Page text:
Risk factors are a little different for different age groups. Whereas, in the older age group, the most important risk factor is a positive family history, in the younger age group the recent oral contraceptive use is also a risk factor for early-onset breast cancer, especially for estrogen receptor tumors. Younger women who have had an early pregnancy or multiparity are also at an elevated risk for several months immediately following the delivery. In addition, younger women who have had a prior mantle irradiation for Hodgkin lymphoma, who had an early onset of menstruation, and who are heavy on consumption of alcohol and red meat are also at an elevated risk of breast cancer.
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Researchers have found that intense physical activity can help reduce the risk of breast cancer in premenopausal women by as much as 23%. While there have been studies that have failed to establish a link between the two, into a systematic review of 76 studies found that 53% of studies confirmed a significant protective effect, 37% reported a non-significant risk reduction, and only 10% failed to show a correlation. With regards to diet, some studies have shown that women who consume a diet high in animal fat have nearly 50% greater risk of premenopausal breast cancer, than women with a diet rich in vegetable fat. Also, Mediterranean diet rich in extra virgin oil has also been found helpful in reducing risks of breast cancer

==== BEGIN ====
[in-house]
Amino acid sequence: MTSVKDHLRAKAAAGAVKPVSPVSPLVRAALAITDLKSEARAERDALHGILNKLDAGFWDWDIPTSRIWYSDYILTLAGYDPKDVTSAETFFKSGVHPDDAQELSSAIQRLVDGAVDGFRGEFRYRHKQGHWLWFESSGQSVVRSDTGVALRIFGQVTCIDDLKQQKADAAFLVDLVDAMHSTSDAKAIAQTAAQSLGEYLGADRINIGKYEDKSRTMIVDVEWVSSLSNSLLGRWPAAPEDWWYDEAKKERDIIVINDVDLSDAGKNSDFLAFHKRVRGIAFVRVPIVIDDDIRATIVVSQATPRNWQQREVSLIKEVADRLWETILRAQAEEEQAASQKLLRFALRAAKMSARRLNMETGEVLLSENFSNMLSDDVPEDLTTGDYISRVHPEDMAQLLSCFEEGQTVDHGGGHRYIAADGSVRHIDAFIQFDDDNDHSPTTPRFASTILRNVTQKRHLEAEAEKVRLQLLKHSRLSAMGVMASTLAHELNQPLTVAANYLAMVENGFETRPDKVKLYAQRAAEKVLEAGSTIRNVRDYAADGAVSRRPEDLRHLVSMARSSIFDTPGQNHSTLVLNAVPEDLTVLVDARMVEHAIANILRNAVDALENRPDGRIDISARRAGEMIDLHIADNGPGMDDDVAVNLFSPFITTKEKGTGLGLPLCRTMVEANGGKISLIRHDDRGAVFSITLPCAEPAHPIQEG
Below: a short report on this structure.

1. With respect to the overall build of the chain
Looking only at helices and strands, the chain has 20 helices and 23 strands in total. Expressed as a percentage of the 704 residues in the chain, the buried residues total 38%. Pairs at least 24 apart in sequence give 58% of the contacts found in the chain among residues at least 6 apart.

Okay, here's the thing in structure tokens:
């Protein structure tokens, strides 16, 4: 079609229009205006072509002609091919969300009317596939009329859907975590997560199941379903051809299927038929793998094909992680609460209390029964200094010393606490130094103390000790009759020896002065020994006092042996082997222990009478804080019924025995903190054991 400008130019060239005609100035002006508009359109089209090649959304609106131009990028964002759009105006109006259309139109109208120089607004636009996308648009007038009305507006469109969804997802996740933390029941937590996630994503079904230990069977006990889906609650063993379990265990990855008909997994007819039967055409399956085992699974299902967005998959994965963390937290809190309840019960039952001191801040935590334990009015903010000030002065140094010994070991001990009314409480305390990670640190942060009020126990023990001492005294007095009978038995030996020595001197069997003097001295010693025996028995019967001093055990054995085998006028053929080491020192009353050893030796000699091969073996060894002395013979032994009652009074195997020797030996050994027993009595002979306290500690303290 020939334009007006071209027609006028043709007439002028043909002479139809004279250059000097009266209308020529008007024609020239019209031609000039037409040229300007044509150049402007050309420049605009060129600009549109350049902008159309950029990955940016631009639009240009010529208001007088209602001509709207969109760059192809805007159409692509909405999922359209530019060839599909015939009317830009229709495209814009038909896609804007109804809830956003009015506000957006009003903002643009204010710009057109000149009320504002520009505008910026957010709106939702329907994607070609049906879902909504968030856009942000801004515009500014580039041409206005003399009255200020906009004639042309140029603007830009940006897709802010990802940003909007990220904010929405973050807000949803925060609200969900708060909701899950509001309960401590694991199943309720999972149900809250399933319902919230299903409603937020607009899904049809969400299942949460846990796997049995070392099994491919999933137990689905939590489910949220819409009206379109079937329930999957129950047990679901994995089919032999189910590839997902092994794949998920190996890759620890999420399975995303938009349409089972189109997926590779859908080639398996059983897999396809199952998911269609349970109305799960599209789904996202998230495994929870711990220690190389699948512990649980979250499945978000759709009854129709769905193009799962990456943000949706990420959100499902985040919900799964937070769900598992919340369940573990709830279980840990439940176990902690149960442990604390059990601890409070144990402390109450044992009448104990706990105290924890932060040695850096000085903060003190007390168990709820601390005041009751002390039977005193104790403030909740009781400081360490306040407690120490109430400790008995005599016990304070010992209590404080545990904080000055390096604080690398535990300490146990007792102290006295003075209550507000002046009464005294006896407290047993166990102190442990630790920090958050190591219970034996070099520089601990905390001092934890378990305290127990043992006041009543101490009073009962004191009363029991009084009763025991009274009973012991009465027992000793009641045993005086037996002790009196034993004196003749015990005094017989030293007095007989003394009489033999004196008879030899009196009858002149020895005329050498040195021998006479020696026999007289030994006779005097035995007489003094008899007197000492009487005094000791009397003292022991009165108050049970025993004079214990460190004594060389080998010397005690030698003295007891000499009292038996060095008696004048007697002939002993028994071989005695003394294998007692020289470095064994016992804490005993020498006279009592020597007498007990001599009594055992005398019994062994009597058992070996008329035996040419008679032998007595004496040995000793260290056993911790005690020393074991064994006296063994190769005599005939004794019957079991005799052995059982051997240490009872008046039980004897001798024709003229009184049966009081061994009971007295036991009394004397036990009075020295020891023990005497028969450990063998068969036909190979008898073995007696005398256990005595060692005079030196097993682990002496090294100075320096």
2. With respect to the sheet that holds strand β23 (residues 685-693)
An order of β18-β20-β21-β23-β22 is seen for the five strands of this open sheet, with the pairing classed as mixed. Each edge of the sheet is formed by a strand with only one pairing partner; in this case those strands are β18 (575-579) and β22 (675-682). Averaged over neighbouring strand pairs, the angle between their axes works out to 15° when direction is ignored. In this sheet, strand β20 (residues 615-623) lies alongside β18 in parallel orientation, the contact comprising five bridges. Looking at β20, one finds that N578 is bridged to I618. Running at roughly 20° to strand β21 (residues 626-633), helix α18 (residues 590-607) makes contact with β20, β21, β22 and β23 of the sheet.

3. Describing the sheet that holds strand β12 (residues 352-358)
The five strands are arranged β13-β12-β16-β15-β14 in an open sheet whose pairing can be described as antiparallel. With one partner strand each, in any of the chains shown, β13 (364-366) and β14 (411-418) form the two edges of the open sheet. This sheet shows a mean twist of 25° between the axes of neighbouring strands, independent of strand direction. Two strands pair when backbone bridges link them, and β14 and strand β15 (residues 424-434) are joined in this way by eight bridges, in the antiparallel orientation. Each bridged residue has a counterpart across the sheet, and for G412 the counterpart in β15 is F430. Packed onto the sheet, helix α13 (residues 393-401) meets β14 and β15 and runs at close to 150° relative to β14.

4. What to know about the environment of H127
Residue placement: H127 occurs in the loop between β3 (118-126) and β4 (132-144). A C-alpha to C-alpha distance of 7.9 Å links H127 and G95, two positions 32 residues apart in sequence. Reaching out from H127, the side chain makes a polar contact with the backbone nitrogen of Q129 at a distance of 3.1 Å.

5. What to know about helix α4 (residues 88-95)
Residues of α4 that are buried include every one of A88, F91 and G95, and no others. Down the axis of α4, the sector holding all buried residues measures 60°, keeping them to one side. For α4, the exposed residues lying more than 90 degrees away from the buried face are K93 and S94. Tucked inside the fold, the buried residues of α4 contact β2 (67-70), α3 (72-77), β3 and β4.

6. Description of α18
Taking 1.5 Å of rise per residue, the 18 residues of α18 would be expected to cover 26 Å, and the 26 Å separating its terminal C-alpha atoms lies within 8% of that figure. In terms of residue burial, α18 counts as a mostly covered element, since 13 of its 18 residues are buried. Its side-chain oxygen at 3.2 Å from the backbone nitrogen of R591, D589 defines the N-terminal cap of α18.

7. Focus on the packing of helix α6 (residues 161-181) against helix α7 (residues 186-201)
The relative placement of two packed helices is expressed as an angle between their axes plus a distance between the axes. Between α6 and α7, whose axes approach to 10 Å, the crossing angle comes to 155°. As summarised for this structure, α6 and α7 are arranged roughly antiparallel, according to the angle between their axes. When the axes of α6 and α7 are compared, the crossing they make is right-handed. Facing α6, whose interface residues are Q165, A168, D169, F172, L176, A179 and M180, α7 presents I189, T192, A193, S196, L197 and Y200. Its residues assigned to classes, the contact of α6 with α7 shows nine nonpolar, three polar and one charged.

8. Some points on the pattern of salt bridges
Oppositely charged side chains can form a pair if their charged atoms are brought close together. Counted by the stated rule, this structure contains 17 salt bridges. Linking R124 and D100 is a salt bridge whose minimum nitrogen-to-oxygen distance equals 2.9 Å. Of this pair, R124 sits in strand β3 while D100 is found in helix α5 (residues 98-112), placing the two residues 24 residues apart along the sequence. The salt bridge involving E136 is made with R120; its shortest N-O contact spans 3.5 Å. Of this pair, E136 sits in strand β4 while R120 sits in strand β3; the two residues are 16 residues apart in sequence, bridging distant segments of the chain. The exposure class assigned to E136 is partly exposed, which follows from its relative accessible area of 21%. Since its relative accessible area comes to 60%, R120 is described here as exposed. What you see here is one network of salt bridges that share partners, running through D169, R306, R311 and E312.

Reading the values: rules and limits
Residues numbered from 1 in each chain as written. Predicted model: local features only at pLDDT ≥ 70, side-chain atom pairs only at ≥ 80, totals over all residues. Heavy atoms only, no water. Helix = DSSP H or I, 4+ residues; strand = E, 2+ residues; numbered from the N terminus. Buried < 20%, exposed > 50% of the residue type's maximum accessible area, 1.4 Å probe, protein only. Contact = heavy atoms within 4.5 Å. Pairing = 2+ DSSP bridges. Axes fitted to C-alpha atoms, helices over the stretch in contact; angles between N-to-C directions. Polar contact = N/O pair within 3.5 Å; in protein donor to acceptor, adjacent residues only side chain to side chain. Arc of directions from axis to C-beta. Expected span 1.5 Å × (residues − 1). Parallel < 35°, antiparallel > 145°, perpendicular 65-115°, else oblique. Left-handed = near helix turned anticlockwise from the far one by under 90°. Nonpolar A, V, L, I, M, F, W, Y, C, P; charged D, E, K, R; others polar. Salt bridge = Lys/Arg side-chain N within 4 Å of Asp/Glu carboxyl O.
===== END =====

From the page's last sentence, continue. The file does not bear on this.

Across all groups, 5-year relative survival rates have been found to be lower for women under 40 than for older women, with lowest being for those aged 25-29 years (72%), followed by those aged 20-24 and 30-34 (75% and 76%, respectively), and those aged 35-39 (80%). In contrast, survival rates for women aged 45-80 were between 84% to 86%.
If you are a young woman with a family history of breast cancer, or you know that you have a BRCA1 or BRCA2 mutation (or to a lesser extent, a TP53 mutation), you may be at a risk of premenopausal breast cancer.